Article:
Campbellian science fiction, especially hard science fiction, gets a hard time in the quarters I run in. Epic fantasy is denigrated in favor of slim sword and sorcery paperbacks. I like a good pulpy adventure as much as the next guy, but I refuse to give up on my original love, epic fantasy, or my more recent discovery, hard science fiction. Detailed worldbuilding (for the former) and limits of the science (for the latter) can, in the hands of a skilled and careful storyteller, be a wonderful tool for creating and enhancing narrative tension. Heinlein does this masterfully with the space suit in Have Space Suit—Will Travel. Why do I mention this in a review about a zombie book? Because I’ve been saying for years that zombie fiction should focus more on the difficulty of survival itself, turning a zombie yarn into as much survival fiction as horror. That view is totally vindicated by A Place Outside the Wild, a zombie apocalypse book that uses such a focus to great effect.
The hero of our story is Miles, an IT guy working three jobs to get by when the zombie apocalypse hits. The setup is simple. What gets labeled the “Brazilian flu” sweeps the globe. Which means it passes like the flu. (Thank you! I’ve also been harping that without some sort of airborne virus, you might have zombies, but you won’t have an apocalypse.) About 10% of humanity is immune and about 10% die outright. The rest went into a coma after about 72 hours and woke up sometime later as zombies. And that was that. “Mankind went from zero to Mad Max in just shy of a freaking month.”
The smart move on Humphreys’ part is that, after that initial introduction, the story leaps forward eight years. And, for all that the zombies initially look very familiar, eight years down the line things start to get weird.
Humphreys released the sequel, A Place Called Hope, last month and I will post a review in a couple of weeks.
I stuck with The Tiger’s Daughter for either a short time or a long time, depending on how you look at it. On one hand, I only made it 20% through the book according to my Kindle. On the other hand, I spent over a month getting to that 20% according to Goodreads. If a book is that much of a slog, and I have a figurative stack of ARCs sitting on my bedside table I am excited about, why grit my teeth and push through?
I swear I am going to write a short review again one day. tl;dr version: Thor: Ragnarok is very funny at times but too uneven, sometimes veering into camp. The visuals are gorgeous and bonkers, at least as pictures—full Jack Kirby—but I’ve become somewhat numb to CGI spectacle. The cast performances are a mixed bag, but Hemsworth has become an actor who can carry an entire picture on his back. Overall, an enjoyable way to spend an evening, but Ragnarok won’t enter the top echelon of MCU movies; nor will it supplant the first Guardians of the Galaxy as science fantasy. It’s overrated, but that has less to do with the movie itself than an irrationally exuberant 93% fresh aggregate rating at Rotten Tomatoes.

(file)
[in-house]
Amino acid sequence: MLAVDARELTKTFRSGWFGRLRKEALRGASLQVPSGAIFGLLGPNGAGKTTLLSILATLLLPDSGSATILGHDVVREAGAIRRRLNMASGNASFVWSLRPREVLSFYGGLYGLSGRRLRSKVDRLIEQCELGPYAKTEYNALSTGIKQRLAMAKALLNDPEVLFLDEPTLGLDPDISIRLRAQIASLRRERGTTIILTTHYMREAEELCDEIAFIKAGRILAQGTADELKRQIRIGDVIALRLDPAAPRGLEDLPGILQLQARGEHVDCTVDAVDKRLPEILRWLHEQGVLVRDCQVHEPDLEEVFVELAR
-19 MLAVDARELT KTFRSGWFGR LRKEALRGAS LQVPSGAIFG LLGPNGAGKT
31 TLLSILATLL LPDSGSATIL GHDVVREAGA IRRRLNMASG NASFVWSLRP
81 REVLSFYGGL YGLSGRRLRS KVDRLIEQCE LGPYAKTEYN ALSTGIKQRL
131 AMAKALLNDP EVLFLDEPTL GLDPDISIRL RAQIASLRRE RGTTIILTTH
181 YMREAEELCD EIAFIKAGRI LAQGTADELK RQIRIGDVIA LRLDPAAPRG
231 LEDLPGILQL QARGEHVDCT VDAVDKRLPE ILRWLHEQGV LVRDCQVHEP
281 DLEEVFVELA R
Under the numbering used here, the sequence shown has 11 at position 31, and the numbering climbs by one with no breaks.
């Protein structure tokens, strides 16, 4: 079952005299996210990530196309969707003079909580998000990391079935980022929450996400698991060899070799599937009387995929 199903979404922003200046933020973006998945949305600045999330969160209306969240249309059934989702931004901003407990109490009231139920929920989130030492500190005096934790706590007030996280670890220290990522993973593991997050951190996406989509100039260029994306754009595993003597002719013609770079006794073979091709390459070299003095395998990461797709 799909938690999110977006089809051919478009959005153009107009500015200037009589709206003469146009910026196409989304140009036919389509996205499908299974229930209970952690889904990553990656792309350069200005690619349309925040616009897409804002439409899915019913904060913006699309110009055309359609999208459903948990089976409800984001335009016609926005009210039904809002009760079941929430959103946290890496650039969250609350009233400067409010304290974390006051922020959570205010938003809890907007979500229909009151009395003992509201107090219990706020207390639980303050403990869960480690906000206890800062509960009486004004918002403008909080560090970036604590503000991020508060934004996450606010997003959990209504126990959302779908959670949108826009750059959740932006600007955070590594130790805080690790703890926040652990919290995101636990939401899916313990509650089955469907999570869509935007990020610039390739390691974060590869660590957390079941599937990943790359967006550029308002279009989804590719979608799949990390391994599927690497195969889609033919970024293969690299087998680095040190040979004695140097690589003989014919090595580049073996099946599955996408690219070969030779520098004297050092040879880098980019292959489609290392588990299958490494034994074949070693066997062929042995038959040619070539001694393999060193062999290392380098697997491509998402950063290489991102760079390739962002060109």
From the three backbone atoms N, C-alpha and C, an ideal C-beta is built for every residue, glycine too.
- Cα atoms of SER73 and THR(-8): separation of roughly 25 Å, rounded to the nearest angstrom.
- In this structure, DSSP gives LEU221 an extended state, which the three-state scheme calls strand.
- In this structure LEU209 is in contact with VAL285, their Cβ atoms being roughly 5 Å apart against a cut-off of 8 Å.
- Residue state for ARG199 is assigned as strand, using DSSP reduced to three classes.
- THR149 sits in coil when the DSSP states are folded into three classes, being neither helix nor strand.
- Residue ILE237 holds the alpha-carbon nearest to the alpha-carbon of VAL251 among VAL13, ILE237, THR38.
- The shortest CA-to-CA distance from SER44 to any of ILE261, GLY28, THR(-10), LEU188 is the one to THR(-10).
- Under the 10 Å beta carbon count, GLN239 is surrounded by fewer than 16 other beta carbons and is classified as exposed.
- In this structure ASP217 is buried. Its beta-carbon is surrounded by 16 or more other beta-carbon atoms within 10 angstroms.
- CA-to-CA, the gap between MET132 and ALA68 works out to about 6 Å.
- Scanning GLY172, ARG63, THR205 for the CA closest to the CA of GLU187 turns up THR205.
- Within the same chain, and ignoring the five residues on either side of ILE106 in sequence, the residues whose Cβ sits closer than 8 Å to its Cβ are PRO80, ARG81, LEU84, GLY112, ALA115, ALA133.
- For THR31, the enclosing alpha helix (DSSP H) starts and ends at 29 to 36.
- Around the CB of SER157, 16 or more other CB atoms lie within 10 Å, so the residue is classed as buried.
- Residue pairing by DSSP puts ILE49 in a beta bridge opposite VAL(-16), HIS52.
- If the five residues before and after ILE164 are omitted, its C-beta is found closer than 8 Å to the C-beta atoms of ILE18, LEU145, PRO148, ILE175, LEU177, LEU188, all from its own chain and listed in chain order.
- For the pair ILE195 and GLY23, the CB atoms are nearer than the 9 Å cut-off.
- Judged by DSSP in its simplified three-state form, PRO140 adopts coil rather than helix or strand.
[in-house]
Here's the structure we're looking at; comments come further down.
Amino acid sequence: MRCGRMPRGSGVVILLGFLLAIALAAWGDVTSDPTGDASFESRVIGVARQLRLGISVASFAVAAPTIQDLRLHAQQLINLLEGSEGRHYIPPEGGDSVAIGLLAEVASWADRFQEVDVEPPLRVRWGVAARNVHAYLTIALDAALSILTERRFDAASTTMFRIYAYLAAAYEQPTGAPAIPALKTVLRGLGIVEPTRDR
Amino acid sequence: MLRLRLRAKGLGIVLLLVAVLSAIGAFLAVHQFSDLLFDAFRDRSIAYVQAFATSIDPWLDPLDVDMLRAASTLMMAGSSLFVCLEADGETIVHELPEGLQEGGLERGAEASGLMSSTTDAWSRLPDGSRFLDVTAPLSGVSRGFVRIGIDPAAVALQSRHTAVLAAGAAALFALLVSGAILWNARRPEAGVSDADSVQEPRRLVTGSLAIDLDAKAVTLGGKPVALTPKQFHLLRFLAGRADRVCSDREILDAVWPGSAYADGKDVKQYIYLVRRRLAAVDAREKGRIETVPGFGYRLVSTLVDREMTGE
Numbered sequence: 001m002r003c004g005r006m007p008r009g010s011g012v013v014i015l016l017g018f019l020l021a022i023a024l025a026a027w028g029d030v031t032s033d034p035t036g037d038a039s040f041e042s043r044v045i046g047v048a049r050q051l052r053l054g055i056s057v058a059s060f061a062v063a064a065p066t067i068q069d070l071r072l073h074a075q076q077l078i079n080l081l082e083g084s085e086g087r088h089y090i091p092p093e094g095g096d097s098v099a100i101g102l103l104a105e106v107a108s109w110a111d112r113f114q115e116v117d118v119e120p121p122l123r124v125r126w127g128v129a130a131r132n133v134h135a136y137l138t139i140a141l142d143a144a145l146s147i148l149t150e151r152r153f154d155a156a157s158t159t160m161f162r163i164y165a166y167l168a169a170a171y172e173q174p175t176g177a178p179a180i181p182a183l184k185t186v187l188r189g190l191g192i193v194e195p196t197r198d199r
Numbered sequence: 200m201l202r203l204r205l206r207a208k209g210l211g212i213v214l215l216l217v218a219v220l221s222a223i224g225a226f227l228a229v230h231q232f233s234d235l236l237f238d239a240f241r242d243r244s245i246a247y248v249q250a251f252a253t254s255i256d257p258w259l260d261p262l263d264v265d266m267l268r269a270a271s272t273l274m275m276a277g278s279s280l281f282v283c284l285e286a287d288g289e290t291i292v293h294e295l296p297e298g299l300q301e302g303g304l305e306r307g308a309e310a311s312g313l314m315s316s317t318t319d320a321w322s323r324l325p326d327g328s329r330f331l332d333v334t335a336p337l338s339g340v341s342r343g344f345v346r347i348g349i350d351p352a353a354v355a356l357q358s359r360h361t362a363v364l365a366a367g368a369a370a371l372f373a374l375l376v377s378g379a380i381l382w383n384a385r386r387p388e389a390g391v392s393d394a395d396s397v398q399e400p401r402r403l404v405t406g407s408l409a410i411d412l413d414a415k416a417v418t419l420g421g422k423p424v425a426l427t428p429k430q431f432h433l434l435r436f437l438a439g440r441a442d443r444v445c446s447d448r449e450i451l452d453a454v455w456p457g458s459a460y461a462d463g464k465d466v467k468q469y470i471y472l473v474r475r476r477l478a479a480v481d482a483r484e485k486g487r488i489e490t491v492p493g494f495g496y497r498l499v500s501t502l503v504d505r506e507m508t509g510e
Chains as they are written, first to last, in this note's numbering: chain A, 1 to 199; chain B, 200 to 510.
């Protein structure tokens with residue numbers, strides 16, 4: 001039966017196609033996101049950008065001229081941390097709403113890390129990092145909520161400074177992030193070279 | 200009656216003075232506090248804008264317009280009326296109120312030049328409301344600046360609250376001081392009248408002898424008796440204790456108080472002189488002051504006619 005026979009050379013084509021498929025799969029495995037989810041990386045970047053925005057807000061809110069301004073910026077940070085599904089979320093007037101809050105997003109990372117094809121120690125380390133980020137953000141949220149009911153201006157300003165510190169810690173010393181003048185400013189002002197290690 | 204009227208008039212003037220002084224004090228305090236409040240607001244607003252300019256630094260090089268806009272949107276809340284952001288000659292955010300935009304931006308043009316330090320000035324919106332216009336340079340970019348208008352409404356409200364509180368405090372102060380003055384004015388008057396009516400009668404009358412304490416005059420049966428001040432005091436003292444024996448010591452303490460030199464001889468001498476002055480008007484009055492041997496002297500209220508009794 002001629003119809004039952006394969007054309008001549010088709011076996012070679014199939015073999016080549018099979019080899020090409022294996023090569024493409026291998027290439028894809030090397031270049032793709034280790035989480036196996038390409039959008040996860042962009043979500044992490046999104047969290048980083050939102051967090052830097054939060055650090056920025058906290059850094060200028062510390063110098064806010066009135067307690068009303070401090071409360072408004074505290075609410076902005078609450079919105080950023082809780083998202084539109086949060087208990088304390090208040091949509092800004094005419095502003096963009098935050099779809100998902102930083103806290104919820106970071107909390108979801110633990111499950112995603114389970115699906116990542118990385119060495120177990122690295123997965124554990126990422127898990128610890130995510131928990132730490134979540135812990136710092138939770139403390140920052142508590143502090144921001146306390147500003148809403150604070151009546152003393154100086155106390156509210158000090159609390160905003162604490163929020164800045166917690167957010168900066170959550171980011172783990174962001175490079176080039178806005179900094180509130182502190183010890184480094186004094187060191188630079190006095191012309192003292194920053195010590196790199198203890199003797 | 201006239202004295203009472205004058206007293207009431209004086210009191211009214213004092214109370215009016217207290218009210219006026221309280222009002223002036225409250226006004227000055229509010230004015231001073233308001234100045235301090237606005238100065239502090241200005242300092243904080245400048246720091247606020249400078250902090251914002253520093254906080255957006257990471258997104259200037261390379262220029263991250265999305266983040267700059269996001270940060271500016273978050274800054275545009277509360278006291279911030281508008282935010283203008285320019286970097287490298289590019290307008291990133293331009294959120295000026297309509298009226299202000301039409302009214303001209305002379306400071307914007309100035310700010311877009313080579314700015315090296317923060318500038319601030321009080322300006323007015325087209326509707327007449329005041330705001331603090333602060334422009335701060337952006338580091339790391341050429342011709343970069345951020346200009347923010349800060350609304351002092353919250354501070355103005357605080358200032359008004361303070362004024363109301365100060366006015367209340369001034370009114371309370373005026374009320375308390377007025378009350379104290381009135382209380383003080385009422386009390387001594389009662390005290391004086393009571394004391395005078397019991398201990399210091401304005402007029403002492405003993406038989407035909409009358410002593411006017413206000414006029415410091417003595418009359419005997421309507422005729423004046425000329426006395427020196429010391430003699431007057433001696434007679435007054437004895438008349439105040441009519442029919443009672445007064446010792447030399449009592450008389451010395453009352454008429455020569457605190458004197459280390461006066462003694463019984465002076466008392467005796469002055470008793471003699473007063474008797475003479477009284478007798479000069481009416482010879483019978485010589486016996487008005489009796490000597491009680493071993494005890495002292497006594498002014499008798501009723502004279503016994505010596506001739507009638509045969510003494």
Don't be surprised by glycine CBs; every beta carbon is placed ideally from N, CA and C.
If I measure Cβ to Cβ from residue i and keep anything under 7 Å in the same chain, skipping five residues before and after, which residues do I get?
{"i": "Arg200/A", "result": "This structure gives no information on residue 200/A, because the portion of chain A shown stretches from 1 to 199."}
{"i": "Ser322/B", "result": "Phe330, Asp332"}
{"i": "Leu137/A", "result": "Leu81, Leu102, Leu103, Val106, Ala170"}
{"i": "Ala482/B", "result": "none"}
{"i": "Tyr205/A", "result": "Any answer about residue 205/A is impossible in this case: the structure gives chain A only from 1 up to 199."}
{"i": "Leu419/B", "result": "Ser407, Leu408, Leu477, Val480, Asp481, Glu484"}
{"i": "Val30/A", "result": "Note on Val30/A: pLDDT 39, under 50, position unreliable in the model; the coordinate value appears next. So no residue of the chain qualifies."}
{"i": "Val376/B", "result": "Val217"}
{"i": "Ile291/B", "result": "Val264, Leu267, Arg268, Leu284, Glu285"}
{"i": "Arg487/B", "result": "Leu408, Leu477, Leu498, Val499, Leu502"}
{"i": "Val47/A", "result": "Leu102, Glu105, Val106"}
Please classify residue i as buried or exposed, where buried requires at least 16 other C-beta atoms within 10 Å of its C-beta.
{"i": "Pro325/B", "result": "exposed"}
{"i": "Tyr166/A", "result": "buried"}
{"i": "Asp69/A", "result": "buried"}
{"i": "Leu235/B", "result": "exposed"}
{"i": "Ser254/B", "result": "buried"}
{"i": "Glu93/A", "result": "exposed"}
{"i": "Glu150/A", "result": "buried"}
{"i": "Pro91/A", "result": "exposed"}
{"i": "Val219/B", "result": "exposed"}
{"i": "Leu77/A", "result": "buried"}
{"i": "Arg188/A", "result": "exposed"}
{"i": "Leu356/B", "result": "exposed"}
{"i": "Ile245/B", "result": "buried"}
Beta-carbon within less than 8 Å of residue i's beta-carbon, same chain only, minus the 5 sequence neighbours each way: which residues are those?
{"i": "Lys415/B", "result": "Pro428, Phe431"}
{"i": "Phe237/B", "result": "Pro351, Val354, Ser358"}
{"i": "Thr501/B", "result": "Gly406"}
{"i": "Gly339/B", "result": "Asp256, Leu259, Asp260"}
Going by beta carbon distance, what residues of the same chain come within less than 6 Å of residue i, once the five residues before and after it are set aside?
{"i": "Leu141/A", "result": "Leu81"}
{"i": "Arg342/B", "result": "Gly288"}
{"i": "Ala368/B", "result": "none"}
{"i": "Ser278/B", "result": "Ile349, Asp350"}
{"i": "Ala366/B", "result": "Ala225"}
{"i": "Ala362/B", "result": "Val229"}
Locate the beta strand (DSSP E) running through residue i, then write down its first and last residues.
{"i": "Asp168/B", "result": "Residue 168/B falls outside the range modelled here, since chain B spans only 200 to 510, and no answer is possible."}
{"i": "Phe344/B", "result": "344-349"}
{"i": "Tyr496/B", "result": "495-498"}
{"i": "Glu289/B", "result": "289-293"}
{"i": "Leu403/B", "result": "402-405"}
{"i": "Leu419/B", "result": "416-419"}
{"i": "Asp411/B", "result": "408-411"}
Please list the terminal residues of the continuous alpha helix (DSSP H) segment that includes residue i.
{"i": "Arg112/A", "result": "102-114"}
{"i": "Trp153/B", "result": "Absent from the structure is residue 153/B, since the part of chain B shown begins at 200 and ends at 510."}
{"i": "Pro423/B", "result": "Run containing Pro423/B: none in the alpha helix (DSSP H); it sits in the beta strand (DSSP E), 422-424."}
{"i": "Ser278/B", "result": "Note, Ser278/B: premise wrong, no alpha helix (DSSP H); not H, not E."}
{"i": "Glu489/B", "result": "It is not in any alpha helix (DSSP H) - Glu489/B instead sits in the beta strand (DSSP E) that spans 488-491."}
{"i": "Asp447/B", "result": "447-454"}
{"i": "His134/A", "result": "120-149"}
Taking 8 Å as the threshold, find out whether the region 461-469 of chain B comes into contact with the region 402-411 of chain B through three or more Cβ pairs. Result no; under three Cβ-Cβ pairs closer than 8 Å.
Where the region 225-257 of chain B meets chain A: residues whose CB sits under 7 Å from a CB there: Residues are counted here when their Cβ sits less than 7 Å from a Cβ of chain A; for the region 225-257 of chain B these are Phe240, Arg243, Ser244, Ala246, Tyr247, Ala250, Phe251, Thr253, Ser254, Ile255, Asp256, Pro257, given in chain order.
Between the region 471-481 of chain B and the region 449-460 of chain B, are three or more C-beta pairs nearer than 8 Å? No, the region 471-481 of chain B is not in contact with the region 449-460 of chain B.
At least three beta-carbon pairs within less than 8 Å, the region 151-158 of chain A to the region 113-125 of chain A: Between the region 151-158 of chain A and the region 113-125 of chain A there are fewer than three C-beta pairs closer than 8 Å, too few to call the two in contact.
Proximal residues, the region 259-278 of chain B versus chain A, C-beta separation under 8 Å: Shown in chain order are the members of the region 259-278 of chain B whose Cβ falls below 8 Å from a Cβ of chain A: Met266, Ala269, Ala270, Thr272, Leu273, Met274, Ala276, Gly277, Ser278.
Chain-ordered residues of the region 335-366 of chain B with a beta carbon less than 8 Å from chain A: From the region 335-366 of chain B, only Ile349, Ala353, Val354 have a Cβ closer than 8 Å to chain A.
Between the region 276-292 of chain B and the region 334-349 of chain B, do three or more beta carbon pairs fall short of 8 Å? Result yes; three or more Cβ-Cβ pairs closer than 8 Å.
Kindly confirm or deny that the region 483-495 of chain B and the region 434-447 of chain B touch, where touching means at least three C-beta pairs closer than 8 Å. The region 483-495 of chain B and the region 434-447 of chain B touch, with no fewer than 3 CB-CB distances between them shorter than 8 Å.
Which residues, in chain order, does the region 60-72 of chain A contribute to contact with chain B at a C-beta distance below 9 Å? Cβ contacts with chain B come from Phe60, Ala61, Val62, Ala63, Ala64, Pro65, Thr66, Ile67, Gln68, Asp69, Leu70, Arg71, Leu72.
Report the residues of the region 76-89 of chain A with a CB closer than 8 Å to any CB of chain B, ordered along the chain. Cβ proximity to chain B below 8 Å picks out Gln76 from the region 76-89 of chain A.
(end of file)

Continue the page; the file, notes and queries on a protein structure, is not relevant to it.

I wanted to like this book. A lot. And I did like it! Just not a lot. A Plague of Giants has a great concept between the giants (underserved in fantasy!) and the seven kenning magic system. And Hearne is obviously a talented writer who has had a lot of success with his Iron Druid series. Being more of an epic than urban fantasy fan, and given my aforementioned views on the relative merits of giants, I was excited to pick up this book. But Hearne makes some narrative choices that seriously detract from the overall story.
State of the ARC is a meme hosted by Avalinah’s Books. The idea being to publicly shame ourselves as book bloggers for our paltry progress reading and reviewing all of the ARCs that accumulate. Ok, let’s start by going to NetGalley and seeing how many ARCs total I have listed as approved and not reviewed . . . ah, let’s just skip that. In a
rare common fit of madness, I requested (and received) a truly obscene number of ARCs scheduled for release between September and November. By my count, eleven books (twelve, if you count Some Dark Holler, released on August 28). I got a bunch of those months in advance, which means I could have started reading them in time to actually be ready to keep up with the releases came. Or at least a more responsible blogger could have. I was other occupied this summer.